The draws for TeeBall are designed to keep travelling to a minimum. Teams play each other on a "Home and Away" format, which means you can expect to be at your local home ground every second week, but will need to travel on the off weeks. The good news is that if you register with (for example) Carlingford, your "Away" games will generally be at places like Northmead, Castle Hill, and Winston Hills. If you register at Oakville, your "Away" games will be at Hawkesbury, Schofields, Rouse Hill and perhaps Kellyville.

With petrol moving up to and beyond a buck forty a litre, and Windsor Road becoming more cluttered week by week, this is the least we can do.


Parental Involvement

At Hills, our clubs try to strike a balance between providing a logistically attractive sport for busy families, but without encouraging a "drop-and-run" approach from parents. We are not a child-minding service. With that in mind, most clubs running TeeBall teams will look to the parents in that team to provide some basic support for it. Each team will need a coach, an assistant coach, a manager, a scorer and an umpire. In Modball, the teams also need to arrange for a Pitching Coach. That might seem like a heavy load, but in reality, all of these jobs can be done by an average parent with no prior knowledge of the game.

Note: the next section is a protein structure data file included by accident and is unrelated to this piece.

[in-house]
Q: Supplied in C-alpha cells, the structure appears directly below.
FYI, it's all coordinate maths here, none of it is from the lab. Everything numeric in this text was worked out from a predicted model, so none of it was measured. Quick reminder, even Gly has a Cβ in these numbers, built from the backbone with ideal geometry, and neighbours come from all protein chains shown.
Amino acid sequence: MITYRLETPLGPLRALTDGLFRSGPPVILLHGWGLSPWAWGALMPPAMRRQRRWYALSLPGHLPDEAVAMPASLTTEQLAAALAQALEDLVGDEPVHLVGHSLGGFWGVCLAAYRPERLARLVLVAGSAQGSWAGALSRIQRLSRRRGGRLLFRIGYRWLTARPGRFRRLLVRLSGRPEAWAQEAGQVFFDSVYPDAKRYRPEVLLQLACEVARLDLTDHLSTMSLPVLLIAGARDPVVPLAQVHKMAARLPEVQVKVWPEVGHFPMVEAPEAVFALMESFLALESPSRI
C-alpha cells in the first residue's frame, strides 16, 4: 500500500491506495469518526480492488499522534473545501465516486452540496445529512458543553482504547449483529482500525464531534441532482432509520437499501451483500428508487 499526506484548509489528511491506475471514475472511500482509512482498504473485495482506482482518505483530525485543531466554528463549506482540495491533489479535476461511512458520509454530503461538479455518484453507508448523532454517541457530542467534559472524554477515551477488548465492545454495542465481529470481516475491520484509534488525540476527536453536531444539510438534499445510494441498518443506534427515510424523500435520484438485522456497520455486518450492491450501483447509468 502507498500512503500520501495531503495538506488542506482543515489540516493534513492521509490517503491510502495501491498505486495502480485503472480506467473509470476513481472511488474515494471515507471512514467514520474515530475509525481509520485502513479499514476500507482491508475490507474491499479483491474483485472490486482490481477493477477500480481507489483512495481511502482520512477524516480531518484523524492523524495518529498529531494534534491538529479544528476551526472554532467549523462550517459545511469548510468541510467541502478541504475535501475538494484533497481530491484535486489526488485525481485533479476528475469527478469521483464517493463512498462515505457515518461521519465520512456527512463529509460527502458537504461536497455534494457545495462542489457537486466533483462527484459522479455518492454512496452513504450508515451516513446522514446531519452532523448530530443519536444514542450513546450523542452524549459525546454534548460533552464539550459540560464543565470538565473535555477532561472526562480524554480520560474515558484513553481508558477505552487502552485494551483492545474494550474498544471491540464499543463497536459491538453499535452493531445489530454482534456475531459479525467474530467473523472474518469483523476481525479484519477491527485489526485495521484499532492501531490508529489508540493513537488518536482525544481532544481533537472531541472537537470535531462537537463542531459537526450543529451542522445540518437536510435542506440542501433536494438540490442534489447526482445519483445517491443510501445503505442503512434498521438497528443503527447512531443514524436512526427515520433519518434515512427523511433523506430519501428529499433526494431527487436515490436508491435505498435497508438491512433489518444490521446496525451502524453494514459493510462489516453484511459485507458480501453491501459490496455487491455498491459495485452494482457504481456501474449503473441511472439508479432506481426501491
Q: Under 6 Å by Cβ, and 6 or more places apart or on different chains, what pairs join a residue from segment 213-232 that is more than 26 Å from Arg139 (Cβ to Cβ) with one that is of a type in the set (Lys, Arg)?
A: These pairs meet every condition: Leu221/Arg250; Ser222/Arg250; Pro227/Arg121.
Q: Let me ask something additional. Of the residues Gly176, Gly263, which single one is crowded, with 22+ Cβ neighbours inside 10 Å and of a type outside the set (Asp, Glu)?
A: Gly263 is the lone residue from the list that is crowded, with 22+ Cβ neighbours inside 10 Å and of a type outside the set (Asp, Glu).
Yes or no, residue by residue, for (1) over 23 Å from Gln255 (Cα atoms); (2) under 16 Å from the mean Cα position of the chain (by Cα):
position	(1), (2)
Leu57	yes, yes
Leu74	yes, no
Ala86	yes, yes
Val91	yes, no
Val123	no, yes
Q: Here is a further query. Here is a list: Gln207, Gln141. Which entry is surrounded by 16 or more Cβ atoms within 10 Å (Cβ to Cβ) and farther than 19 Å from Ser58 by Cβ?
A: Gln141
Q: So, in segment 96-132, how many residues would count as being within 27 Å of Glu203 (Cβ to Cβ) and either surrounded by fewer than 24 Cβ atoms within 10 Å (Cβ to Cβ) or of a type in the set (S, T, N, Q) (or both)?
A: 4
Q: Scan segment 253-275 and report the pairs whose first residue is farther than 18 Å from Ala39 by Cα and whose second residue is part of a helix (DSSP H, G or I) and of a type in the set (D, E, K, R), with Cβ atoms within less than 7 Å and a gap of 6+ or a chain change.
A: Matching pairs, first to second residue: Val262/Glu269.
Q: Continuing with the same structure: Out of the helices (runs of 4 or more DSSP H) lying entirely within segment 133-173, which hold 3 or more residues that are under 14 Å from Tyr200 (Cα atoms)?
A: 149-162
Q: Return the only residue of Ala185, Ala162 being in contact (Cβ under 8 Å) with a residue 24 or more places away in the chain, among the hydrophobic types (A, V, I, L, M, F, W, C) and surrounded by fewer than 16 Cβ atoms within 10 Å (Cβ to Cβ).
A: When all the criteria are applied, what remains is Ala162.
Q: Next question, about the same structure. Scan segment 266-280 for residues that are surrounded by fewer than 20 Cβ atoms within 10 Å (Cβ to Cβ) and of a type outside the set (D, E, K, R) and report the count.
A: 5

All Hills clubs will fully support TeeBall parents who are prepared to devote a little extra time to their child's TeeBall team. That support might come in the form of training, counselling, educational resources, mentoring, or in many other ways. This is really no different to any other junior sport, except that the requirements of (for example) a soccer or cricket team may be only one or two people instead of five. We won't apologise for that. TeeBall is so rewarding for the children on so many levels that it shouldn't be seen as a problem, but rather as an opportunity.

Some clubs will provide a mentoring service that provides coaches and umpires (the two most difficult roles) early in the season. If they do so, it will be on the understanding that parents in the team will step up to the plate and take on these roles as the season unfolds. TeeBall is a game where the best experience will come from a team where the parents become part of team spirit, just as their children do.



At Hills, we don't offer district-wide development programmes for players of TeeBall age:- this is the duty of the individual clubs. However, we do have programmes in place for players aged 10 and above, as they transition to baseball. These programmes have a proven record of success over the last two decades, measured by inclusion of local players in NSW and Australian representative teams, success in inter-district representative competitions, and progression of players to professional contracts in the USA.

For more information, see the Futures Page or the Hills Junior Baseball site.